print [len(word) for word in words]

# functional approach with a lambda function
print map(lambda word: len(word), words)

# functional approach with a builtin function
print map(len, words)

# functional approach with a user-defined function
def get_length(word):
    return len(word)

print map(get_length, words)
[2, 2, 4, 5, 8, 5, 4, 5, 5, 9, 2, 8, 3, 5, 8, 10, 4, 2, 4, 3, 8, 2, 6, 3, 6, 2, 11, 8, 4, 6, 3, 8, 2, 2, 7, 3, 9, 2, 4, 3, 14, 5, 2, 6, 2, 4, 2, 3, 3, 3, 8, 8, 9, 7, 13, 2, 6, 3, 5, 9, 2, 9, 4, 2, 3, 7, 2, 5, 6, 5, 3, 9, 3, 2, 8, 3, 3, 10, 7, 7, 13, 8, 6, 10, 2, 1, 1, 1, 1, 1, 3, 1, 1, 2, 1, 3, 1, 14, 6, 5, 3, 5, 9]
>>> ... [2, 2, 4, 5, 8, 5, 4, 5, 5, 9, 2, 8, 3, 5, 8, 10, 4, 2, 4, 3, 8, 2, 6, 3, 6, 2, 11, 8, 4, 6, 3, 8, 2, 2, 7, 3, 9, 2, 4, 3, 14, 5, 2, 6, 2, 4, 2, 3, 3, 3, 8, 8, 9, 7, 13, 2, 6, 3, 5, 9, 2, 9, 4, 2, 3, 7, 2, 5, 6, 5, 3, 9, 3, 2, 8, 3, 3, 10, 7, 7, 13, 8, 6, 10, 2, 1, 1, 1, 1, 1, 3, 1, 1, 2, 1, 3, 1, 14, 6, 5, 3, 5, 9]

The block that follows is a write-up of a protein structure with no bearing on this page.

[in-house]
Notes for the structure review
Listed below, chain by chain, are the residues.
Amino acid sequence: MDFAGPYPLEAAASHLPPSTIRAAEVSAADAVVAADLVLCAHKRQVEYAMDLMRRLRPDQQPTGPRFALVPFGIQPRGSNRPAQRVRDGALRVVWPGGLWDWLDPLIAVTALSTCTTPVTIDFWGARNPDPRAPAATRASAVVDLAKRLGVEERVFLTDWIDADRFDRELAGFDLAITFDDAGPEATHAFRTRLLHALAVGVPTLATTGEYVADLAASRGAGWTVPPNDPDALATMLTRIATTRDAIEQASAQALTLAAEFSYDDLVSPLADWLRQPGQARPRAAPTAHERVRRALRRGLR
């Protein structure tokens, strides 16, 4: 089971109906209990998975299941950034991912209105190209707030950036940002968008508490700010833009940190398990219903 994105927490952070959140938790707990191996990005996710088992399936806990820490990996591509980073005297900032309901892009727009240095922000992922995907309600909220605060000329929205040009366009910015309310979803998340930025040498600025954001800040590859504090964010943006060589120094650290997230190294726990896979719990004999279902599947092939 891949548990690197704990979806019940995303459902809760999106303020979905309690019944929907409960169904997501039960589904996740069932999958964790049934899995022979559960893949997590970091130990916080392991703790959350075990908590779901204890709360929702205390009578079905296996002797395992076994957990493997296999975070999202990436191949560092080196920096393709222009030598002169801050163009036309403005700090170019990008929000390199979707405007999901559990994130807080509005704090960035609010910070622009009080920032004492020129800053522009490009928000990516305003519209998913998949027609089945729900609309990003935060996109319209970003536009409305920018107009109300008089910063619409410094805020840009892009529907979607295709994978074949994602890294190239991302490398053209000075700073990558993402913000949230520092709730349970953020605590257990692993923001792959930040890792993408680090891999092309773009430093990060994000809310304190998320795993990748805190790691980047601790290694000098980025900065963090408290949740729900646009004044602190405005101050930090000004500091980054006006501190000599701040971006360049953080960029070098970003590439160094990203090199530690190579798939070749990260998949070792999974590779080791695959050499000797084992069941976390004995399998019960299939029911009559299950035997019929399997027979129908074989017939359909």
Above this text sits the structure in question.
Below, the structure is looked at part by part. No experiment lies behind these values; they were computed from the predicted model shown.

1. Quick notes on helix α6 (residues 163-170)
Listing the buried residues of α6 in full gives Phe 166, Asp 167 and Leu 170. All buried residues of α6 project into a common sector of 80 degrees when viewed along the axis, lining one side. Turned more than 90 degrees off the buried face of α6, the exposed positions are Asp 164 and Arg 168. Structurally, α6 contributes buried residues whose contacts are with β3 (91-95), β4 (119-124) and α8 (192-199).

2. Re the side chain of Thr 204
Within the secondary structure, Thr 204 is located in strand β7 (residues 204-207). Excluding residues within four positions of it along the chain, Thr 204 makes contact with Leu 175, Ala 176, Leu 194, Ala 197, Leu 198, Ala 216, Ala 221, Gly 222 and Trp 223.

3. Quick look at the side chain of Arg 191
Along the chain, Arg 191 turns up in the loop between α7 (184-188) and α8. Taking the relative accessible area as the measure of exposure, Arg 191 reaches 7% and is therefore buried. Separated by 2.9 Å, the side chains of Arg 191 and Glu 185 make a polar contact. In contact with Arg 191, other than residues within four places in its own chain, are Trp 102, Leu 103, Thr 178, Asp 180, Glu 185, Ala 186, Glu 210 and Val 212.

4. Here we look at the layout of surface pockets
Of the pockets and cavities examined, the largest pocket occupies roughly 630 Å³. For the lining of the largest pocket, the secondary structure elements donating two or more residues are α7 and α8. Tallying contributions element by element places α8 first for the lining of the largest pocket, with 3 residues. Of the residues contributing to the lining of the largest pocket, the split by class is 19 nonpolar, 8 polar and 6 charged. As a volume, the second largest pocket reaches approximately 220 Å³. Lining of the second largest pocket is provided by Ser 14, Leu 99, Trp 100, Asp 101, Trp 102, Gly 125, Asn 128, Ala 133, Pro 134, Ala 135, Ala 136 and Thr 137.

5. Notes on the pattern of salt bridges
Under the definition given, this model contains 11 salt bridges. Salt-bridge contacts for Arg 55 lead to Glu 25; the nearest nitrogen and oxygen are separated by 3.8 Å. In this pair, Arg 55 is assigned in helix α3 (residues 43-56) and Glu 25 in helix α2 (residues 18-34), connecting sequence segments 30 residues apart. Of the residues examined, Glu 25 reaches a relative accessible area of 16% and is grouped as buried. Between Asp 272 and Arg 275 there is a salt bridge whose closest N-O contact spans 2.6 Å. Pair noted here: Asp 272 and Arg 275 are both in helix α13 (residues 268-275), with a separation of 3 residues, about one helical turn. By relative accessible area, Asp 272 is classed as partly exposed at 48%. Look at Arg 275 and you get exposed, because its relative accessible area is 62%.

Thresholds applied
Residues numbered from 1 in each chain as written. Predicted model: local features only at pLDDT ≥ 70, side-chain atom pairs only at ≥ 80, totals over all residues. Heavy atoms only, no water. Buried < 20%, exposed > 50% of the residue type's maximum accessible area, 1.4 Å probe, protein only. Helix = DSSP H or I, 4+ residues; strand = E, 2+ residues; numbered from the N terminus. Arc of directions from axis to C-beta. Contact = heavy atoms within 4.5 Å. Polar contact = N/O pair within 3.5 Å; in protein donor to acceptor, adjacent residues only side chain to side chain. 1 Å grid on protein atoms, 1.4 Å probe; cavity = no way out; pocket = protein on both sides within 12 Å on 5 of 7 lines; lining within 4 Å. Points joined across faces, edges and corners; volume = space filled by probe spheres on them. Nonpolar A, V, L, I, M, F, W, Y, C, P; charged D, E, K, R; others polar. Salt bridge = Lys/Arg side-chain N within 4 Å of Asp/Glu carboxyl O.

>>> [2, 2, 4, 5, 8, 5, 4, 5, 5, 9, 2, 8, 3, 5, 8, 10, 4, 2, 4, 3, 8, 2, 6, 3, 6, 2, 11, 8, 4, 6, 3, 8, 2, 2, 7, 3, 9, 2, 4, 3, 14, 5, 2, 6, 2, 4, 2, 3, 3, 3, 8, 8, 9, 7, 13, 2, 6, 3, 5, 9, 2, 9, 4, 2, 3, 7, 2, 5, 6, 5, 3, 9, 3, 2, 8, 3, 3, 10, 7, 7, 13, 8, 6, 10, 2, 1, 1, 1, 1, 1, 3, 1, 1, 2, 1, 3, 1, 14, 6, 5, 3, 5, 9]
>>> ... ... ... >>> [2, 2, 4, 5, 8, 5, 4, 5, 5, 9, 2, 8, 3, 5, 8, 10, 4, 2, 4, 3, 8, 2, 6, 3, 6, 2, 11, 8, 4, 6, 3, 8, 2, 2, 7, 3, 9, 2, 4, 3, 14, 5, 2, 6, 2, 4, 2, 3, 3, 3, 8, 8, 9, 7, 13, 2, 6, 3, 5, 9, 2, 9, 4, 2, 3, 7, 2, 5, 6, 5, 3, 9, 3, 2, 8, 3, 3, 10, 7, 7, 13, 8, 6, 10, 2, 1, 1, 1, 1, 1, 3, 1, 1, 2, 1, 3, 1, 14, 6, 5, 3, 5, 9]

Now let us get all the words that start with the letter “a”. This is sometimes called filtering a list. We use a string function startswith to check for upper and lower-case letters. We will use list comprehension with a condition.

print [word for word in words if word.startswith('a') or word.startswith('A')]

# make word lowercase to simplify the conditional statement
print [word for word in words if word.lower().startswith('a')]
['As', 'and', 'additional', 'An', 'alternative', 'approach', 'avoids', 'are', 'able', 'all', 'answers', 'as', 'a', 'a/L']